Chuck Haga, Grand Forks Herald
(May 15, 2010)
Forty years ago today, anti-war protesters from UND and throughout the region assembled near Nekoma, N.D., site of a planned anti-ballistic missile defense system, to demonstrate against the arms race and the war in Vietnam.
Two of the "Chicago Seven," John Froines and Dave Dellinger -- defendants in one of the most celebrated anti-war conspiracy trials of the period -- spoke on campus the night before and joined the students and other protesters May 15, 1970, at Nekoma.
It was one of the largest area protests of the Vietnam era, and it came just a week and a half after four students at Kent State University were shot and killed by soldiers of the Ohio National Guard, called to campus to quell anti-war demonstrations there.
At Nekoma, a village of 87 people, students danced, sang and listened to rock bands on a makeshift stage, and they planted ash trees and durum seed "to show people," organizers said, "what this land was meant to hold."
The Safeguard complex in Nekoma was part of a planned national missile defense system. The only Safeguard unit ever to become operational, it was shut down less than a year later.
The complex consisted of a missile site radar, four remote Sprint missile launch sites, and a perimeter acquisition radar, to the north at Concrete, N.D.
Its development coincided with widespread anger over the U.S. incursion into Cambodia and the disaster at Kent State. Peace activists called for an "International ABM Day" across the country, and the march on Nekoma was organized by North Dakota Clergy and Laymen Concerned and North Dakota Citizens for a Sane Nuclear Policy.
Estimates of the crowd ranged from 500 to 1,500, and the event came to be called the Nekoma Festival of Life and Love, according to the rather disapproving Internet site globalsecurity.org.
"Because Gov. William Guy would not allocate resources to protect federal property, the Army and the four-company consortium, Morrison-Knudsen and Associates, established a non-provoking strategy consisting of removing all mobile equipment, roping off the excavation and setting up a stage and sanitary accommodations for the protesters away from the construction," according to the site.
"Late in the afternoon, several hundred demonstrators marched toward the excavation as kazoo players played 'The Battle Hymn of the Republic.' Upon arrival, the protesters descended into the hole and performed some symbolic activities such as planting seedlings.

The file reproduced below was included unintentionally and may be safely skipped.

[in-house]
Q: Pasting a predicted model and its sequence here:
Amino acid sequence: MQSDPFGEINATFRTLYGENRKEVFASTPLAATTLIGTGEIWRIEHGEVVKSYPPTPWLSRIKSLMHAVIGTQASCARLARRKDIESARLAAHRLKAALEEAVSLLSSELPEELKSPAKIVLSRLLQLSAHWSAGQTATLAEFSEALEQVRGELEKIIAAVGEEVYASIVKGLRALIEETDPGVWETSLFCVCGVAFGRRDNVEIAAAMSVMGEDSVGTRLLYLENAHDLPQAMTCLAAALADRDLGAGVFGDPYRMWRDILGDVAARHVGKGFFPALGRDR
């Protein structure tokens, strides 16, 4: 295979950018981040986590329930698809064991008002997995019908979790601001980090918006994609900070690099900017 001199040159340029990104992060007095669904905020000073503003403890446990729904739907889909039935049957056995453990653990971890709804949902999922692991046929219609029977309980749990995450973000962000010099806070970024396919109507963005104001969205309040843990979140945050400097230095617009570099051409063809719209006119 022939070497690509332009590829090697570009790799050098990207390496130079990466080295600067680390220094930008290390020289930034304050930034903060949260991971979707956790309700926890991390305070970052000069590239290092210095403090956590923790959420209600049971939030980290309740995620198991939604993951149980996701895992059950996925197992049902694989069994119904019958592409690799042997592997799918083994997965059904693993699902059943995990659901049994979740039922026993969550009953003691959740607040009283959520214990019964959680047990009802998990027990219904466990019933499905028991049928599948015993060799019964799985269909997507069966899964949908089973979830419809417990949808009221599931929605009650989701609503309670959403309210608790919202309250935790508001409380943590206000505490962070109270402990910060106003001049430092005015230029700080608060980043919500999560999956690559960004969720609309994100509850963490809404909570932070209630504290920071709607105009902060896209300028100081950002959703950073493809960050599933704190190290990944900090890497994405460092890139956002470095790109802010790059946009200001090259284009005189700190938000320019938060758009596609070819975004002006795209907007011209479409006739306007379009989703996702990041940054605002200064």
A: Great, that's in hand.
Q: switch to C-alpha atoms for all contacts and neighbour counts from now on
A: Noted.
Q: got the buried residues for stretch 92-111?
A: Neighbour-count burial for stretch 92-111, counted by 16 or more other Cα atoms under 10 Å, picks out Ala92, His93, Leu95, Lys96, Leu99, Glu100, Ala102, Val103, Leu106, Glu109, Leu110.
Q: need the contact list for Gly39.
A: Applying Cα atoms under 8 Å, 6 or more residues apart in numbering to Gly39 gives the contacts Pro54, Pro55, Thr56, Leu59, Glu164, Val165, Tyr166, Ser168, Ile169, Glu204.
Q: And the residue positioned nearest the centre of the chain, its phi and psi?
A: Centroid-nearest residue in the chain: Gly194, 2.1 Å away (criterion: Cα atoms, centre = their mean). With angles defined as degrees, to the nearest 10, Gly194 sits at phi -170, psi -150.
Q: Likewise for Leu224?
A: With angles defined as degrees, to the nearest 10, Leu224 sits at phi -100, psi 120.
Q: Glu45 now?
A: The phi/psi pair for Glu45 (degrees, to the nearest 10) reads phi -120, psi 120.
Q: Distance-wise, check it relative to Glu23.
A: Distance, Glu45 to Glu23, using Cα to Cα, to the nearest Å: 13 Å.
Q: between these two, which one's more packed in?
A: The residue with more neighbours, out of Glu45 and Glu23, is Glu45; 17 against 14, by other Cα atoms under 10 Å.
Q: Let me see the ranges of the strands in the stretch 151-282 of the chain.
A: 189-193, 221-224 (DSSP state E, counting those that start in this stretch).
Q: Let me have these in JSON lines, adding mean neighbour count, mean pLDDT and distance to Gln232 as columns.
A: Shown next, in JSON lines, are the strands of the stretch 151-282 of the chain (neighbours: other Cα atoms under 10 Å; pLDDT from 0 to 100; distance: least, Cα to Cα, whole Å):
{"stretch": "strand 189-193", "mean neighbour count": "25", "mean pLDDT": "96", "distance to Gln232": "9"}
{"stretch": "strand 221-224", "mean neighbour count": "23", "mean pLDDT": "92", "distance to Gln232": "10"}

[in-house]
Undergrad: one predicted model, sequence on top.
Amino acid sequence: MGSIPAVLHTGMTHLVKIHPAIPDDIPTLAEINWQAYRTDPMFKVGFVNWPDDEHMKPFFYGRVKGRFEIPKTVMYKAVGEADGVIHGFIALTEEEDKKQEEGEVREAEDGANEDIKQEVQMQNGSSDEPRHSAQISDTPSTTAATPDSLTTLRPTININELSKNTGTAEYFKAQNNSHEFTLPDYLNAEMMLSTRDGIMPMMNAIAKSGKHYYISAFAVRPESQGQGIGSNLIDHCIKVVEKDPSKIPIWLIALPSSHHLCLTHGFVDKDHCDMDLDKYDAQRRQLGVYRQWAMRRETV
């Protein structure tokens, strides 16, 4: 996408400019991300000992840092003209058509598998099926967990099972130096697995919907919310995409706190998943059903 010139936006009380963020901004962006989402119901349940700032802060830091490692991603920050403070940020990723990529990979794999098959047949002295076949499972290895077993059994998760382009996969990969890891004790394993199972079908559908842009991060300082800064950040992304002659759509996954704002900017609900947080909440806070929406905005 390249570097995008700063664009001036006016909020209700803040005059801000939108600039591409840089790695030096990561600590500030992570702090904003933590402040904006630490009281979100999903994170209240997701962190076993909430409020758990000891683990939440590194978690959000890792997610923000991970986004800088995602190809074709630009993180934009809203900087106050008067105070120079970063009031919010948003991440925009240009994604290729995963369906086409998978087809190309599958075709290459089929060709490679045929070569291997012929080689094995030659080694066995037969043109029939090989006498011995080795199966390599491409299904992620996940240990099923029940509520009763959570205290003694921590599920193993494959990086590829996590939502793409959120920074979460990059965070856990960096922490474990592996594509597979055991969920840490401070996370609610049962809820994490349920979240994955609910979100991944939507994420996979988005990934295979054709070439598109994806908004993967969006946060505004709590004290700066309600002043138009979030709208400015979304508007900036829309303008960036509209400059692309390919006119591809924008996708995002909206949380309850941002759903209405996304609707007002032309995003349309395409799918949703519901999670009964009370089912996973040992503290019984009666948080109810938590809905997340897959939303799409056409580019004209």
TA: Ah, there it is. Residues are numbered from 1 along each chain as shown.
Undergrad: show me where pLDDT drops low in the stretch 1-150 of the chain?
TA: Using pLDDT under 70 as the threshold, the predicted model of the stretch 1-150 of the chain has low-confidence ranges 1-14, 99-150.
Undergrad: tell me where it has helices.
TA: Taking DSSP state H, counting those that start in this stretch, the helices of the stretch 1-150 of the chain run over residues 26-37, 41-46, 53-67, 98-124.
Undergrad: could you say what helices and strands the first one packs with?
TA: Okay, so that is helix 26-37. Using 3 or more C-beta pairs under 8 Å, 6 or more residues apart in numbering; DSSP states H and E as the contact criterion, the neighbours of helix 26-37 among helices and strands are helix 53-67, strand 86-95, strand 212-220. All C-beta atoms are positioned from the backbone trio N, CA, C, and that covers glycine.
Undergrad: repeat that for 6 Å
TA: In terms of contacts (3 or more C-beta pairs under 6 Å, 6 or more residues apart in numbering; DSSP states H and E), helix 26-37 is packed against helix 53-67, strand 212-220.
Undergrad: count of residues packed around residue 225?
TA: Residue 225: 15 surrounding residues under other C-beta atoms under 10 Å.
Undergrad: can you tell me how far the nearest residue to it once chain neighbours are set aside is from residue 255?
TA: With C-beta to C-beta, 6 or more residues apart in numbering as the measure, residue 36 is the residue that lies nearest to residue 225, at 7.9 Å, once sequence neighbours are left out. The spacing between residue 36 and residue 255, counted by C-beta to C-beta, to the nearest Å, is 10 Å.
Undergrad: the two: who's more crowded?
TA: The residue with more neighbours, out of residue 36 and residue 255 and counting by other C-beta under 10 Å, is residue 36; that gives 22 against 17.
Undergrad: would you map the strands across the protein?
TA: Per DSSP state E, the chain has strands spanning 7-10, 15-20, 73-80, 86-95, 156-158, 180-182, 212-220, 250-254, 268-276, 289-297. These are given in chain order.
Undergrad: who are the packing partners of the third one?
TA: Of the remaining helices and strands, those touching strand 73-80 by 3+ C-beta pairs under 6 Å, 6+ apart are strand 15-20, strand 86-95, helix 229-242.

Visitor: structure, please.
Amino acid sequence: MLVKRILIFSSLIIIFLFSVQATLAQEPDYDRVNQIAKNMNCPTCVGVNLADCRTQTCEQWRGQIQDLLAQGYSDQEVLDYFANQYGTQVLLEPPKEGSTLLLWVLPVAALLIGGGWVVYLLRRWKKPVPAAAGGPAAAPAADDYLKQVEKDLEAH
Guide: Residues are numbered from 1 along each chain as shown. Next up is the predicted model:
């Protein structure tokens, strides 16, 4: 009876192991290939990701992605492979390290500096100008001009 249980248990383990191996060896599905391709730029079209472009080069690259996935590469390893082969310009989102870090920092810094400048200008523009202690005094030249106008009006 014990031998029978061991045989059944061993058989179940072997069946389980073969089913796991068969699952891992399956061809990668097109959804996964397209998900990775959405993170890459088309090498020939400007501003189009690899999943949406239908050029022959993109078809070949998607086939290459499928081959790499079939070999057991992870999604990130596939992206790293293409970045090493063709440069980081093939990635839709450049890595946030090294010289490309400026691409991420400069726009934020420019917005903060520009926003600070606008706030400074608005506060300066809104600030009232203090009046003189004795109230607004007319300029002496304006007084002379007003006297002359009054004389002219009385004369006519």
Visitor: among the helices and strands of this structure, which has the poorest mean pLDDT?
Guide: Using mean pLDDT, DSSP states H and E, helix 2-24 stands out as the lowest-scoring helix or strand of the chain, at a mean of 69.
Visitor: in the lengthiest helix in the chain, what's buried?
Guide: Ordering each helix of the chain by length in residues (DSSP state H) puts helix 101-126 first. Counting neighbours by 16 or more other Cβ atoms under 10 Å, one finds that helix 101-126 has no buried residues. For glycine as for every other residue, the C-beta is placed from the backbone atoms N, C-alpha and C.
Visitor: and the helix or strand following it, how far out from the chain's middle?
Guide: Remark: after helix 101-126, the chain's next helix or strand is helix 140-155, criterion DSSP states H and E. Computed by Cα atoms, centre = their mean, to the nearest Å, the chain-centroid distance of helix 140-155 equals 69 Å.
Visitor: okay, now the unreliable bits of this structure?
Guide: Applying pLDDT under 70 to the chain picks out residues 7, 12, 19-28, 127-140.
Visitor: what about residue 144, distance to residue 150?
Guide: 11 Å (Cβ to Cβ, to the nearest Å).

"Overall, the Army's passive strategy worked, as the day went without violence or arrests and only minimal vandalism."
'In best tradition'
Clay Jenkinson, a historian and writer who teaches at Dickinson State University and Bismarck State College, offers a different take on the protest -- and on the role played by Guy, governor from 1961 to 1973, now 90 and living in Fargo.
On May 12, 1970, "a nervous and hostile U.S. Justice Department sent out a riot control team to meet with Guy," Jenkinson wrote in a recent column published in the Bismarck Tribune. "In his calm and competent way," the governor assured his visitors that appropriate steps would be taken.
Then, Guy addressed the people of North Dakota.
"I do not expect violence in this week's demonstrations," he said days before Nekoma, "especially by those who point to the destructive waste of violence and war." Also, "Peaceful demonstrations are in the best tradition of this country's democratic process."
Guy said he would put the North Dakota National Guard on "strategic weekend drill status," but the soldiers would stay out of sight and not carry ammunition.
On May 13, Guy flew to Grand Forks and met with faculty members and students. "The atmosphere was tense and explosive," he wrote in a 1992 memoir.
While he was talking to the students, someone handed him a note. U.S. Attorney General John Mitchell was calling.
"Mitchell pressured the North Dakota governor to use the North Dakota National Guard to secure the ABM site," Jenkinson wrote. "Guy flatly refused. It was a federal not a state facility. Besides, he said, American citizens had a perfect right to engage in peaceful demonstrations."
Mitchell asked Guy if he would be at Nekoma.
"Only if they need one more warm body to swell the crowd," Guy responded. "You see, I too protest the waste of tax money that the ABM represents."
According to Guy's recounting of the conversation, the attorney general swore and hung up on the governor.
Two days later, protesters occupied the site, where they flew kites, danced, planted their symbolic trees and seeds and denounced the war and arms race in song, poetry and speeches. State troopers and area sheriff's deputies assisted student marshals with traffic control, while the National Guard hunkered down in Lakota, N.D., 40 miles away.
"Nekoma," Jenkinson wrote, "had more in common with Woodstock than Kent State."
When President Richard Nixon and Soviet leader Leonid Brezhnev signed the ABM Treaty on May 26, 1972, agreeing to limit each nation to one site to protect strategic forces and one site to protect the national command authority, work was about 85 percent complete at Nekoma. The United States stopped work at a site in Montana.
In spring 1975, the North Dakota ABM site received its complement of nuclear-tipped Spartan and Sprint missiles, and the site was declared operational on April 1, 1975, according to globalsecurity.org. "Due to Congressional action, the Army operated the site for less than a year (and) the complex was abandoned in February 1976."
Reach Haga at (701) 780-1102; (800) 477-6572, ext. 102; or send e-mail to email@example.com.